One role we have as fitness instructors is educating participants about health and fitness. But how much responsibility do we have for the way class participants perceive their own bodies? And what about the way they perceive our bodies? In fact, our influence is so strong that we have an obligation to help participants—and our colleagues—have a healthy outlook on their bodies.
Instructors who field desperate questions from participants about spot reducing and calorie burning know firsthand about people’s preoccupation with body image. And negative body perception runs rampant in our own industry.
“Body image dissatisfaction is very common [among] exercise instructors,” says Michele Scharff Olson, PhD, FASCM, professor of exercise science at Auburn University in Montgomery, Alabama. Olson says that 40 percent of female instructors in one of her research studies reported a history of disordered eating (Scharff Olson et al. 1996). In a follow-up study, Olson discovered that female instructors under 30 years old showed more body image dissatisfaction than their older colleagues, despite having below-average body fat percentages (Scharff Olson 2000).
Carol Kennedy, MS, program director of fitness and wellness in the division of recreational sports at Indiana University, studied body image among fitness professionals at a regional fitness conference. “I could not believe how hard instructors were on themselves,” she says. Kennedy says that 44 percent of the instructors could be classified as “obligatory exercisers,” meaning they felt a compulsion to work out even when injured or ill and experienced a sense of guilt or anxiety when they did not exercise (Nardini, Raglin & Kennedy 1999).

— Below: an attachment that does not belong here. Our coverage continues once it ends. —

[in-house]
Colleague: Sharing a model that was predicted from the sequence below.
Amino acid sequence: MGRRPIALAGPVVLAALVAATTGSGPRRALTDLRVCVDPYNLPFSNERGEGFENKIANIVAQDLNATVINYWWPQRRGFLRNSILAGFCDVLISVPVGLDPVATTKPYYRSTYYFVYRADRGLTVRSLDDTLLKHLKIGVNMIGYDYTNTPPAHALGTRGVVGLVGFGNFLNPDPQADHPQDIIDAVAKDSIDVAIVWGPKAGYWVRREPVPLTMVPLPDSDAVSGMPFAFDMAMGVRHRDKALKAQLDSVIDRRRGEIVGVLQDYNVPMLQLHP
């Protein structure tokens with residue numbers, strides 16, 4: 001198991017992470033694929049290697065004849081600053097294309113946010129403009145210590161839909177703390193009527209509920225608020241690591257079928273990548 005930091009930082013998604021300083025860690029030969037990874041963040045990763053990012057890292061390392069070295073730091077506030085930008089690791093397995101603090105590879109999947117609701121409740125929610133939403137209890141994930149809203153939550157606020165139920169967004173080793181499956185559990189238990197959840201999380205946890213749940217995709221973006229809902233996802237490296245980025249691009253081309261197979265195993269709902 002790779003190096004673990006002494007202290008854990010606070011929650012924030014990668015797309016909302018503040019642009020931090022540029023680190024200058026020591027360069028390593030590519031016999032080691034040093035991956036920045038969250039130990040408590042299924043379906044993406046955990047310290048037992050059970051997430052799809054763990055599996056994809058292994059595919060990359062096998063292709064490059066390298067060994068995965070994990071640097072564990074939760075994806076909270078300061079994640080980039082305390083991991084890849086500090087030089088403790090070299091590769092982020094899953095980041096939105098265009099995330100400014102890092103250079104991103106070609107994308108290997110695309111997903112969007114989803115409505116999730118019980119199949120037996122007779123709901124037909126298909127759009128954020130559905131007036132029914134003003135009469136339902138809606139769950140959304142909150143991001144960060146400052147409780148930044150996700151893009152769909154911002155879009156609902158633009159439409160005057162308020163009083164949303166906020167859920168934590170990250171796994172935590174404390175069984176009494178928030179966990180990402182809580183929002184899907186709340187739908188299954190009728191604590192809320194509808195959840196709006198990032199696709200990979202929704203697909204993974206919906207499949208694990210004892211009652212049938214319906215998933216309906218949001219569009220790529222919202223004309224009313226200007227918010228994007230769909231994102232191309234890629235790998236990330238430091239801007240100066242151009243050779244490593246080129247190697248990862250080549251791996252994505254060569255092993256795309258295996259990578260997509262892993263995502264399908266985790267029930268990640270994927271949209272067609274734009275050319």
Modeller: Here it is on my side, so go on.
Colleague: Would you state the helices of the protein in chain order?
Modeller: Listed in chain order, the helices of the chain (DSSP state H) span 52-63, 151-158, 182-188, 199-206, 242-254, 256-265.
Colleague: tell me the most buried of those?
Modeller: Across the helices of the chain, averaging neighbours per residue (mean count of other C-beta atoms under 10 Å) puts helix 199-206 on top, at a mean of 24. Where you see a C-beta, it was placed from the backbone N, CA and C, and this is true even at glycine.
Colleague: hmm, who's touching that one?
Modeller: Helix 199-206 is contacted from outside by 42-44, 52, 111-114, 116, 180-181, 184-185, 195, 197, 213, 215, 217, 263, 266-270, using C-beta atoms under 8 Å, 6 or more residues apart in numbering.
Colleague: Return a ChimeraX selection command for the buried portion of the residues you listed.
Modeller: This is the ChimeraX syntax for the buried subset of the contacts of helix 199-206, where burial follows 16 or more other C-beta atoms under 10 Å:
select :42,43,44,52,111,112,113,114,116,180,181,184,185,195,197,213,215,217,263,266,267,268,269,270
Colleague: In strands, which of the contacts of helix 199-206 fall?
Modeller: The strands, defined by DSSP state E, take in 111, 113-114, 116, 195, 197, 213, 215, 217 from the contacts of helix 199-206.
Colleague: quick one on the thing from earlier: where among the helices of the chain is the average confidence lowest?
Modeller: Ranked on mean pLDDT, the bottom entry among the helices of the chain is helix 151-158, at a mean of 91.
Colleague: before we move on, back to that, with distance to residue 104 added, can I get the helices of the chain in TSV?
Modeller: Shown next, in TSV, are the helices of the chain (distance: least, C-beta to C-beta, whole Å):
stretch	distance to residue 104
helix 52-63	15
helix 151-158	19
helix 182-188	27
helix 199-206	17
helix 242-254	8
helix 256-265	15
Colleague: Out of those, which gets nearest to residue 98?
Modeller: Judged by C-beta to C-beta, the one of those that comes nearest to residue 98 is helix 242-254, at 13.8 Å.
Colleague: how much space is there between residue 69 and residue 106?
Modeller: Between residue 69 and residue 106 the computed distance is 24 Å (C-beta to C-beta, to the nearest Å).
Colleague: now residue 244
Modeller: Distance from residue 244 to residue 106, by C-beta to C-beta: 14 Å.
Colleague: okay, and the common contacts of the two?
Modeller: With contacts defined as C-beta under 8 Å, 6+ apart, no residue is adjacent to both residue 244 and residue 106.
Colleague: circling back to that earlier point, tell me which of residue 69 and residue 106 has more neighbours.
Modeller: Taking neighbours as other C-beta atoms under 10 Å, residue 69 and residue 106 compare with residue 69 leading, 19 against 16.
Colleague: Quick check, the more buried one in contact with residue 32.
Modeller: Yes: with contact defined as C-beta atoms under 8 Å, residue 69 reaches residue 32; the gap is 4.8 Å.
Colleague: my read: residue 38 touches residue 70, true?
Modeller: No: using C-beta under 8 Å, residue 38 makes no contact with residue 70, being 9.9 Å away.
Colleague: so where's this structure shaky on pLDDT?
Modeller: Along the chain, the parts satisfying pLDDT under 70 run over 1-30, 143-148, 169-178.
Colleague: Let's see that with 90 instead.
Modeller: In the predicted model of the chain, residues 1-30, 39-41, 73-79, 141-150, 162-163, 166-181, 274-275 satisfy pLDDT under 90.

Of course, instructors aren’t the only ones to report disordered eating and body image dissatisfaction. Several studies have shown that group exercise participants also express a multitude of body concerns (Frederick & Shaw 1995; Maguire & Mansfield 1998; Markula 1995). Although women as a group tend to report greater dissatisfaction, the problem is becoming more prevalent in men (Ben-Tovim & Walker 1991; Hallinan et al. 1991). While this article focuses on female group exercise instructors and participants, the practical actions outlined can be applied to both genders.
Carrie Myers Smith of Landaff, New Hampshire, is a fitness coach, a former fitness instructor and the author of Squeezing Your Size 14 Self Into a Size 6 World: Breaking the Body Mold and Becoming Your Own Personal Best (Champion Press, 2003). “As fitness professionals,” Smith says, “we’re in a perfect position to encourage a change in women’s mind-sets about their bodies.” But to help others, instructors must first address their personal demons about what constitutes the “perfect body.”
Smith, who once struggled with an eating disorder, left the fitness scene for several years to avoid the body- conscious mentality of the industry. “I was always listening to instructors talk about what they ate or didn’t eat, what they weighed or what their body fat was,” she remembers. “When a participant told me, ‘If only I could get a body like yours, I’d be happy,’ I couldn’t deal with her body image issues because I was just trying to deal with my own.”
Fitness instructors who struggle with extreme body image dissatisfaction, overexercising and/or disordered eating are in no position to promote body image satisfaction in their classes. If this sounds like you, closely examine your role as a model of health and fitness. Are you sending the right messages to your participants? For example, do you talk to participants mostly about the external benefits of exercise? Are you spending a lot of extra time working out apart from instructing? Do you teach an excessive number of classes as a way to control your weight? If so, you’ll have to make some changes to your own self-perception before you can help your participants change theirs.
Your influence as a health and fitness role model is crucial in either helping or hindering body image. Below are eight in-class strategies you can use right away to start promoting better body image for your participants, your fitness colleagues—and yourself.
Challenge Physical Stereotypes
Challenging stereotypes and expectations about what a fit body looks like is an important first step in fostering better body image in the group exercise environment. Participants who believe that being fit means squeezing into an impossible physical standard will probably never achieve body image satisfaction. Instructors who reinforce the “thin-equals-fit” axiom through their language and actions are doing a disservice to the fitness industry, its consumers and themselves.